Being a mum doesn't just happen when you give birth, it starts as soon as you find out you are expecting.

Our daughter Ada, our first child, died shortly after she was born on 29th August 2020. She was delivered by emergency cesarean at 31+4, following admittance to my local day assessment unit with reduced movements for the second time. Sharing our story is important to me and her dad.

Our Ada

Navigating pregnancy during the pandemic was tough. My partner wasn't able to attend any appointments or scans, we weren't able to tell family about our pregnancy in person and I spent the majority of the seven months indoors - but trying to find a way through our grief was a whole other ball game. 

I like to think that ‘mothers instinct’ made me go to the hospital on the days when Ada wasn’t moving like I was used to. I sometimes worried that I didn’t know her movements, or if she had a routine, but I did. I just knew when something wasn't the same.

The first time she was okay but the second time, just four days later, she wasn't.

I worried about calling that second time. I thought I could be overthinking, or that I was being a nuisance by calling and asking for advice. I told myself that everything was OK last time, so this time would probably the same. 

When we first lost her, I really wanted to spread the word straight away. I wanted to tell any expectant mum to listen to their bodies, and to recognise their baby's kicks and little routines. I still want to do that, which is why sharing our story is so important to me and my partner.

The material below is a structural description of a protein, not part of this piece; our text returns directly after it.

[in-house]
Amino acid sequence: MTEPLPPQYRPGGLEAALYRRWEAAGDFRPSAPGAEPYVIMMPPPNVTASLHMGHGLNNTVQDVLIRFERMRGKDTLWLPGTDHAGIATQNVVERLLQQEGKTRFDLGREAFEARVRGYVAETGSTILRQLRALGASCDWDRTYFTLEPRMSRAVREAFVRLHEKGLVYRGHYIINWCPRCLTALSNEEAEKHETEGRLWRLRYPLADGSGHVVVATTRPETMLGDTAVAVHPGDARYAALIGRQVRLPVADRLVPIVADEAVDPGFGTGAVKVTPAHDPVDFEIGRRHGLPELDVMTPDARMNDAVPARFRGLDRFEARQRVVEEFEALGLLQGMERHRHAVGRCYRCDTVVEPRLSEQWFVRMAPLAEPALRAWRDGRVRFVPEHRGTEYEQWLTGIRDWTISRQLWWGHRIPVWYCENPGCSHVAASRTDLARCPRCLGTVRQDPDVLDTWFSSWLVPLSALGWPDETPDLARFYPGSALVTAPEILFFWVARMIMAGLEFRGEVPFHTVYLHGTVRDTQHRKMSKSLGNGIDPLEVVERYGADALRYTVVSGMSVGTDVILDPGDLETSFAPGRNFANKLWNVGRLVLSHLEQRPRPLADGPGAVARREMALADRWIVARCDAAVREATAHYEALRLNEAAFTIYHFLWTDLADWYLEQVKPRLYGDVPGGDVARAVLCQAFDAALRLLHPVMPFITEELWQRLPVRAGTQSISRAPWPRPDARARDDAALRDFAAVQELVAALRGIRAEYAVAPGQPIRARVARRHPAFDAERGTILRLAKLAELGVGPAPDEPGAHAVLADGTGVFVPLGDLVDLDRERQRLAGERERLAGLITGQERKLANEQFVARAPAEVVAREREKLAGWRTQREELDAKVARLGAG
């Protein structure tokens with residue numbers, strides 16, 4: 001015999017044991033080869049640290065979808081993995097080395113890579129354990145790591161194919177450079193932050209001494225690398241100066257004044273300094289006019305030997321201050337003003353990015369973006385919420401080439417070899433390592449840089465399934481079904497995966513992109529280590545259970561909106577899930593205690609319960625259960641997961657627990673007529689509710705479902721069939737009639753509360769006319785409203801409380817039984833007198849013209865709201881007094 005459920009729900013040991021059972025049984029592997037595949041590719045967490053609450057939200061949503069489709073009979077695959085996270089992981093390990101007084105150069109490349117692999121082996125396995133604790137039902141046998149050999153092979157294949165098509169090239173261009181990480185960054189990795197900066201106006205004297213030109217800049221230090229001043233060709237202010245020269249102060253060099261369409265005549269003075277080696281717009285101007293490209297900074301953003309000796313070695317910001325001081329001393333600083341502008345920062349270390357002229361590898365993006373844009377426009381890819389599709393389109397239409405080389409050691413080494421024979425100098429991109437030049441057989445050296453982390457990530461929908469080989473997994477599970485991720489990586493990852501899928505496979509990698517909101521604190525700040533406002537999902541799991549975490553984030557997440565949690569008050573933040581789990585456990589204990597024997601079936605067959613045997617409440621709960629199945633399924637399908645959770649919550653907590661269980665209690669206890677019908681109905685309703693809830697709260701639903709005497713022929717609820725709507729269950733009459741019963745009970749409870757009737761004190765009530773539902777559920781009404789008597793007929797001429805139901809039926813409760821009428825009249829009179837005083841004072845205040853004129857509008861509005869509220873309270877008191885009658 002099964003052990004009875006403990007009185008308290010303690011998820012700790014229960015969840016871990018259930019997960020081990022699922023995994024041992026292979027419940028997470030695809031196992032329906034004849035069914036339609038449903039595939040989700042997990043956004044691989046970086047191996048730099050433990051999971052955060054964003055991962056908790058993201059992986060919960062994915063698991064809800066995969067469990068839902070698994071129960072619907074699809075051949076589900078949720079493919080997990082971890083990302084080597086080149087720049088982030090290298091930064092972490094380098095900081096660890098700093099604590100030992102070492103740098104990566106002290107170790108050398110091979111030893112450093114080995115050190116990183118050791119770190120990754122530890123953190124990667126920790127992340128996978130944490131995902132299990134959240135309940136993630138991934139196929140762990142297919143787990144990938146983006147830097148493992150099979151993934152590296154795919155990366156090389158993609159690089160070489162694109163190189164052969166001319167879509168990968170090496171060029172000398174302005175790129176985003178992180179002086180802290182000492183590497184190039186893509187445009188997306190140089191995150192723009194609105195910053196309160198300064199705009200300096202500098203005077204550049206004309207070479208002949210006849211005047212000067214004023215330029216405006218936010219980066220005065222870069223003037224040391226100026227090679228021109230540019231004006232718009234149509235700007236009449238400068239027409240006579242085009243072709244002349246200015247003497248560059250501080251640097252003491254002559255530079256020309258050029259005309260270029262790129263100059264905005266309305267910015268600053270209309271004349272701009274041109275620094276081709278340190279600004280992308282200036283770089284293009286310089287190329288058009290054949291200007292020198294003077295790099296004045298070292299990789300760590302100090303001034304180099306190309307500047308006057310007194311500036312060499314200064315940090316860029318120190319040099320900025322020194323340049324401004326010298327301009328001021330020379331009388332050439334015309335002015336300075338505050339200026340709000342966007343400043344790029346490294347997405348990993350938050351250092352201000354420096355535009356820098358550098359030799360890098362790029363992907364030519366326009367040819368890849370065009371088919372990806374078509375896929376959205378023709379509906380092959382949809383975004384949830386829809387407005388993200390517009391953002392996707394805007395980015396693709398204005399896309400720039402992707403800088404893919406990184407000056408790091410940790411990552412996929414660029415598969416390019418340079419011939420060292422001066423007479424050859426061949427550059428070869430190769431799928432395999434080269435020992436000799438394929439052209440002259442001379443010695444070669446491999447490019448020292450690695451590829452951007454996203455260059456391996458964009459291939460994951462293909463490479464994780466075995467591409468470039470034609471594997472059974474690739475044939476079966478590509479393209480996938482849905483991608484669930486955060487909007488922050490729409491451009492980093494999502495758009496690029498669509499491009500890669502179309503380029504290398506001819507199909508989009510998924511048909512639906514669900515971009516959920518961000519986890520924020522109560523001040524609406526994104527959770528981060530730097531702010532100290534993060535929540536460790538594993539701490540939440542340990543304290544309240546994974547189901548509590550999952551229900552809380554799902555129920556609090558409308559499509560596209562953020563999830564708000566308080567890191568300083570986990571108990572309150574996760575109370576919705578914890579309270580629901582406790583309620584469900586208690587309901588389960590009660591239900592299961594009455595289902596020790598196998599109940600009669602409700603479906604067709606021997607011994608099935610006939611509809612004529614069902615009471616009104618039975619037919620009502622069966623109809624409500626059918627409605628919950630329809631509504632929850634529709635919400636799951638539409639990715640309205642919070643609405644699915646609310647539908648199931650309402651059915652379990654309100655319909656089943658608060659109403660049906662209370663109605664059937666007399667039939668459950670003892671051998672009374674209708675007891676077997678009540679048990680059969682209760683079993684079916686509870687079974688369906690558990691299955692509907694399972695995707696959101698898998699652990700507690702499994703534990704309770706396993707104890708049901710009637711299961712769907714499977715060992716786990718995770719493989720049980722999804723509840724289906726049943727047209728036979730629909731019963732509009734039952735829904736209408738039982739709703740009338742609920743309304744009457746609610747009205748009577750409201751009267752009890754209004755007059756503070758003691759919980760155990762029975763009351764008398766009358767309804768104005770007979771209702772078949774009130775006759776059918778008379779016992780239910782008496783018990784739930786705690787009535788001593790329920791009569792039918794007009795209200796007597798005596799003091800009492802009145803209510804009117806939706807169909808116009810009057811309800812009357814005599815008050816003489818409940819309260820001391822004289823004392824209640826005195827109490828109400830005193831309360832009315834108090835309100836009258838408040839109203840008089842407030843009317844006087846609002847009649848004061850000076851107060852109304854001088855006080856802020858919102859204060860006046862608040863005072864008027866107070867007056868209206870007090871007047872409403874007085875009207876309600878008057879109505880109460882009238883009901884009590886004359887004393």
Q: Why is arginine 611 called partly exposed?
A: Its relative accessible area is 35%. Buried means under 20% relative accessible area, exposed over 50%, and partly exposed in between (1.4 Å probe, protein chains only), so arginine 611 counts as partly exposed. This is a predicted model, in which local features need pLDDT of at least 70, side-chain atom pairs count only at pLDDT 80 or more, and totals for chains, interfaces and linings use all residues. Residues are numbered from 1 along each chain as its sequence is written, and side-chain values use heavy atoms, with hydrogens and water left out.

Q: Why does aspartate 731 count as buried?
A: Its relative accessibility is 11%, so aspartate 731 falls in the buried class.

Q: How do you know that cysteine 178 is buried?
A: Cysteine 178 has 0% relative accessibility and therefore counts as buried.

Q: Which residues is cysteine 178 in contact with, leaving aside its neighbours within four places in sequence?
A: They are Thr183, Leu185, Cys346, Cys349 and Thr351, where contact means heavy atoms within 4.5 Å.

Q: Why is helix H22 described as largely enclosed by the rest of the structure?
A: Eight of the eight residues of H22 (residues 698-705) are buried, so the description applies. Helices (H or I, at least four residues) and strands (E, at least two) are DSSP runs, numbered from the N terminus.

Mother's Day Still Matters

The bond and love I had for Ada right away was something that I cannot even put into words. I loved and cared for her from the moment I knew she was there.

We may not have the all of memories that other families have and we will not get to make any more, but we do have memories. The way she used to kick so hard it made us laugh, and how she would use my bladder as a pillow! We also have things we associate with her, like the colour orange, and the rain .. it always seemed to rain when I went for a scan, and the day before she died it absolutely poured. 

We'll still acknowledge Mother’s Day this year. This Mother's Day will be my first as a mum, but I don't have my baby here in my arms. It may not be the same as if Ada was here, or even if we weren’t in the middle of a pandemic, but I know that Ada’s dad (my partner Graham) will still do the things he would have done if she had survived.

It broke my heart to be called a mum when Ada passed away. I didn't think I was - I didn't feel like I was. But now, six months later, whilst it still breaks my heart, I feel proud. I am a mum. Ada may not physically be here, but she's in our hearts and we love her so much.